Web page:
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WHO to Shelve Report on COVID Origins after Calls for Greater Transparency

Members of the World Health Organization (WHO) team tasked with investigating the origins of the coronavirus arrive at Wuhan Institute of Virology in Wuhan, China, February 3, 2021. (Thomas Peter/Reuters)

The World Health Organization team that investigated the origins of the coronavirus in Wuhan, China, will delay publishing its findings following calls for greater transparency in the probe.

Peter Ben Embarek, a Danish food safety specialist who led the WHO team, told reporters that the agency has scrapped a plan to release a summary report of its findings.

“By definition a summary report does not have all the details,” Ben Embarek said. “So since there [is] so much interest in this report, a summary only would not satisfy the curiosity of the readers.”

The change comes after the U.S. expressed “deep concerns” about China possibly withholding data on the initial outbreak from investigators. Meanwhile, an international group of scientists called on Thursday for a fully independent investigation into all hypotheses concerning the pandemic’s origins, including the possibility that the coronavirus leaked from a lab in Wuhan.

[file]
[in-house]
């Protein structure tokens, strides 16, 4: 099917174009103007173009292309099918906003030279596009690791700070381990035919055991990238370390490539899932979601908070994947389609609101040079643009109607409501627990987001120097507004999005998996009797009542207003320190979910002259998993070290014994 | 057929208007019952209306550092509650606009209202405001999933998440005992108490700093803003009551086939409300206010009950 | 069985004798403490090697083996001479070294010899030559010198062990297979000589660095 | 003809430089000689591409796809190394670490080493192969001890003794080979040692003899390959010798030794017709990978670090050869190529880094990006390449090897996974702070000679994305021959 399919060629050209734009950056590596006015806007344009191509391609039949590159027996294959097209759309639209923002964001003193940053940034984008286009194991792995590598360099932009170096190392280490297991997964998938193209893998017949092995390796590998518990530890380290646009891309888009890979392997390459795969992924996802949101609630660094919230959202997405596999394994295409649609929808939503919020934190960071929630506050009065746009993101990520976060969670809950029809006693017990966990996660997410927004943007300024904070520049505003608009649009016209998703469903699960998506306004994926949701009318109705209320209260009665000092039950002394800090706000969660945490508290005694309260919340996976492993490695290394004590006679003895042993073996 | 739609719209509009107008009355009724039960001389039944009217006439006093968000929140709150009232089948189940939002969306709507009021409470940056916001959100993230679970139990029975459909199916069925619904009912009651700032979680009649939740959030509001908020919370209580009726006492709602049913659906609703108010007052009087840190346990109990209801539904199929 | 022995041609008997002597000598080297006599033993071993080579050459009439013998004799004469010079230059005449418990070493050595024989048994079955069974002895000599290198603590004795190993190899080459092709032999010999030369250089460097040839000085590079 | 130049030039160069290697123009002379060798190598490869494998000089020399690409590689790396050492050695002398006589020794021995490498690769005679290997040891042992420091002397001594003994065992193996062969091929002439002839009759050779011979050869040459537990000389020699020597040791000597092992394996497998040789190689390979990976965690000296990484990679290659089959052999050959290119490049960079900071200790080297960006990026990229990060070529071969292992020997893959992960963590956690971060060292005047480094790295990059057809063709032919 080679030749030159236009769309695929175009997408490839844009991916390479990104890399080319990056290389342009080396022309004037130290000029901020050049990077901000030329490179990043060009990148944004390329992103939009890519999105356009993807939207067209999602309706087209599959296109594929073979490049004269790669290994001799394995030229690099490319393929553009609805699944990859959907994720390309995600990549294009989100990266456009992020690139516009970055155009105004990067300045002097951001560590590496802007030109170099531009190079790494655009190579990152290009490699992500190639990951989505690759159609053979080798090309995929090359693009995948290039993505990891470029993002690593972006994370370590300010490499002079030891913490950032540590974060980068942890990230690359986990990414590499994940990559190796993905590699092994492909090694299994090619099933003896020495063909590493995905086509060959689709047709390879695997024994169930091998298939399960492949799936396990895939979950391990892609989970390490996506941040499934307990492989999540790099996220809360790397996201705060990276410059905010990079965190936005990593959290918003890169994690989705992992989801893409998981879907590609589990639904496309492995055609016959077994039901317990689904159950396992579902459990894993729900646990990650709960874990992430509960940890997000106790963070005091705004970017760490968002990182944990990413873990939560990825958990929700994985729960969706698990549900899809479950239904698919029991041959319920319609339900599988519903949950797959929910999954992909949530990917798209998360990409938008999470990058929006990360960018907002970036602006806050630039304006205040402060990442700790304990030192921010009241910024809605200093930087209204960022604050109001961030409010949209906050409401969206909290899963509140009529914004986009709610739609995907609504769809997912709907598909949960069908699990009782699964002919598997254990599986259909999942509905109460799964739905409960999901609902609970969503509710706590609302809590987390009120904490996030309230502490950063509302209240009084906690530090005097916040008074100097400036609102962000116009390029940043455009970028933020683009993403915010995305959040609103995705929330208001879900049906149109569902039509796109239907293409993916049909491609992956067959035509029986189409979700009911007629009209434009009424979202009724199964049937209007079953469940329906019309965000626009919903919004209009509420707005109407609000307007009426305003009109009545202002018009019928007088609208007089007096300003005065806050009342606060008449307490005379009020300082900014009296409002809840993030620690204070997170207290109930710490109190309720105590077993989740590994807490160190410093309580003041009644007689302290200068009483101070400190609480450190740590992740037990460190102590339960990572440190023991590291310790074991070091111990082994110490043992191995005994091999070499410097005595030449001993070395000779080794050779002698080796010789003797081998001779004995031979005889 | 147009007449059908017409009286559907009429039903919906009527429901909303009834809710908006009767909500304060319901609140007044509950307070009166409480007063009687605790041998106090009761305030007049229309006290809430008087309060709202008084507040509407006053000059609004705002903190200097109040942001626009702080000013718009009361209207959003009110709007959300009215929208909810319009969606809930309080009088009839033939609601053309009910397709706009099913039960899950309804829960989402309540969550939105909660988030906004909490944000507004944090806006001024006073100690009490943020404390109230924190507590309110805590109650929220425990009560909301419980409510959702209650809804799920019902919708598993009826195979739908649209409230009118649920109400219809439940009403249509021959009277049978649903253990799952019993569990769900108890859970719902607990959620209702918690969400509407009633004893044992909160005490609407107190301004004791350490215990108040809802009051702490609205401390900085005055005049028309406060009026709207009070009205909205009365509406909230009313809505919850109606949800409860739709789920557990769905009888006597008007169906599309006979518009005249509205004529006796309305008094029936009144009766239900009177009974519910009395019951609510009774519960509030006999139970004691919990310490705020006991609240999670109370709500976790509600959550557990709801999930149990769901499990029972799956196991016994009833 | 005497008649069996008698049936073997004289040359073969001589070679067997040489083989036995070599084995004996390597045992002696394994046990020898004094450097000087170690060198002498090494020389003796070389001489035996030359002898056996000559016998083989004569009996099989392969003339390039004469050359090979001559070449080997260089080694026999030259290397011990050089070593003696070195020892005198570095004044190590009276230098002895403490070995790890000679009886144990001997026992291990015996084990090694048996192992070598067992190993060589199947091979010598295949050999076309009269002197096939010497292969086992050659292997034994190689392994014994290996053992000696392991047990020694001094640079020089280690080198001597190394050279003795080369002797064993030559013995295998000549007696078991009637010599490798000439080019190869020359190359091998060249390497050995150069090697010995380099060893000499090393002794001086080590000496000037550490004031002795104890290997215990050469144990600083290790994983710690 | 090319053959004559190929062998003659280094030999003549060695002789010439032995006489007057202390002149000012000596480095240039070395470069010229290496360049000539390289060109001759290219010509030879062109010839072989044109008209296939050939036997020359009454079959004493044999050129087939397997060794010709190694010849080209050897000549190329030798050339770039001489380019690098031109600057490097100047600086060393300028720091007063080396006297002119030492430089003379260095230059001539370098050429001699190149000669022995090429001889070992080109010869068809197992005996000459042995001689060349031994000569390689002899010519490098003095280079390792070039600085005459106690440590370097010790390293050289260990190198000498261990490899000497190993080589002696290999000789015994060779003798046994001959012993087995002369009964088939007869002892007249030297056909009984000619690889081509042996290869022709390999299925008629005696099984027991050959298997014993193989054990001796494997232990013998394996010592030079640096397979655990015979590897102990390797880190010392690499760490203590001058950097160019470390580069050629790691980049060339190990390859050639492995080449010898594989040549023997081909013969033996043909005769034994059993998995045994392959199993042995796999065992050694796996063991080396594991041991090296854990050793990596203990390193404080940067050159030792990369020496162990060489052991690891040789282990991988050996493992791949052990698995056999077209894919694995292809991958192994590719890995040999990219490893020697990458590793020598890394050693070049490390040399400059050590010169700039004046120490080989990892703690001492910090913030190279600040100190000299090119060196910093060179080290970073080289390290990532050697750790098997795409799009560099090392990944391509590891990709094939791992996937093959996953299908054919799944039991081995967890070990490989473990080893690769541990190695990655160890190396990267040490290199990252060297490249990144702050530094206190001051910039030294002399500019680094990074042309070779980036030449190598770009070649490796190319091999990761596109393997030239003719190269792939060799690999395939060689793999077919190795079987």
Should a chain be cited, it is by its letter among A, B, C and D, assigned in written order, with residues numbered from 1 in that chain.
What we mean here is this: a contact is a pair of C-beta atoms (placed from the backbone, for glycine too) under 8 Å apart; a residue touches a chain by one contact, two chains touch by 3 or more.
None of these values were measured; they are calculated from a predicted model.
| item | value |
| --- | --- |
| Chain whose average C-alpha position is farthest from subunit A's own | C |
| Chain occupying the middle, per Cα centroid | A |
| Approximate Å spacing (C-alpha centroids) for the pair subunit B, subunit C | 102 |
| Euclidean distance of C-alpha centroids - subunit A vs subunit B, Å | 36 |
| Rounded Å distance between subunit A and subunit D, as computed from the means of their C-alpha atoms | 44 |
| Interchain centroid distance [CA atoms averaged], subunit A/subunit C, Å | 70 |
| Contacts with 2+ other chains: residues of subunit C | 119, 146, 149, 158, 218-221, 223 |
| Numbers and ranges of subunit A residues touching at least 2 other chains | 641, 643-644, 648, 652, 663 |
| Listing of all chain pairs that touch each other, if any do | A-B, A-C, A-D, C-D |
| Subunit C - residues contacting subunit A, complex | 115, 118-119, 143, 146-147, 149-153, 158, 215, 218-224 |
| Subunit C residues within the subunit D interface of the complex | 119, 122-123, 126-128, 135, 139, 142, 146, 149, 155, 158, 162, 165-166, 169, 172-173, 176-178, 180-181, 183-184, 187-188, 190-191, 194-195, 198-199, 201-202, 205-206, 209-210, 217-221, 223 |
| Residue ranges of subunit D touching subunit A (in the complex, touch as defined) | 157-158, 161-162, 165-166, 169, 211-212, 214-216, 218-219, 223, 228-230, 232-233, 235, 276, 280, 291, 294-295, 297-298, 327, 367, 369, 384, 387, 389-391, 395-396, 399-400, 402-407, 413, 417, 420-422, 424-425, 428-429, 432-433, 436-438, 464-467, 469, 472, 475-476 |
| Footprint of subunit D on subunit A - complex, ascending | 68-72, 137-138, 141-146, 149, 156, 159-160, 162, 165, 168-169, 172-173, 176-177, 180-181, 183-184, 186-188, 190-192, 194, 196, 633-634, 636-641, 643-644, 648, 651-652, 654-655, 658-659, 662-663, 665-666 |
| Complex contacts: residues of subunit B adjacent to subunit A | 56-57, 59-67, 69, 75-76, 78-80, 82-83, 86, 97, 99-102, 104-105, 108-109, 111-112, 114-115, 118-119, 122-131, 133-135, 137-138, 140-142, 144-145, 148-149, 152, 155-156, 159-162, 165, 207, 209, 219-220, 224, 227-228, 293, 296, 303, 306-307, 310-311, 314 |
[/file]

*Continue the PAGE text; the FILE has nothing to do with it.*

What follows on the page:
“Based on our analysis…there is as yet no evidence demonstrating a fully natural origin of this virus,” the scientists wrote in an open letter. The group called to investigate whether the pandemic began as a result of a “Lab Acquired Infection (LAI) in one of the laboratories in Wuhan” or “Lab-escape without LAI, for instance via waste handling or animals that escaped or were disposed of inappropriately.”

Wuhan is home to two laboratories that study infectious diseases, the Wuhan Institute of Virology and Wuhan Center for Disease Control. WHO investigators were not permitted access to either of those institutions.

While visiting Wuhan in early February, Ben Embarek said at a press conference that a lab leak was an “extremely unlikely” hypothesis for the origin of the pandemic. However, after leaving China, he said last week that the possibility of a lab accident is “definitely not off the table.”

WHO head Dr. Tedros Adhanom Ghebreyesus also said in February that “all hypotheses remain open and require further analysis.”

Send a tip to the news team at NR.

Zachary Evans is a news writer for National Review Online. He is a veteran of the Israeli Defense Forces and a trained violist.

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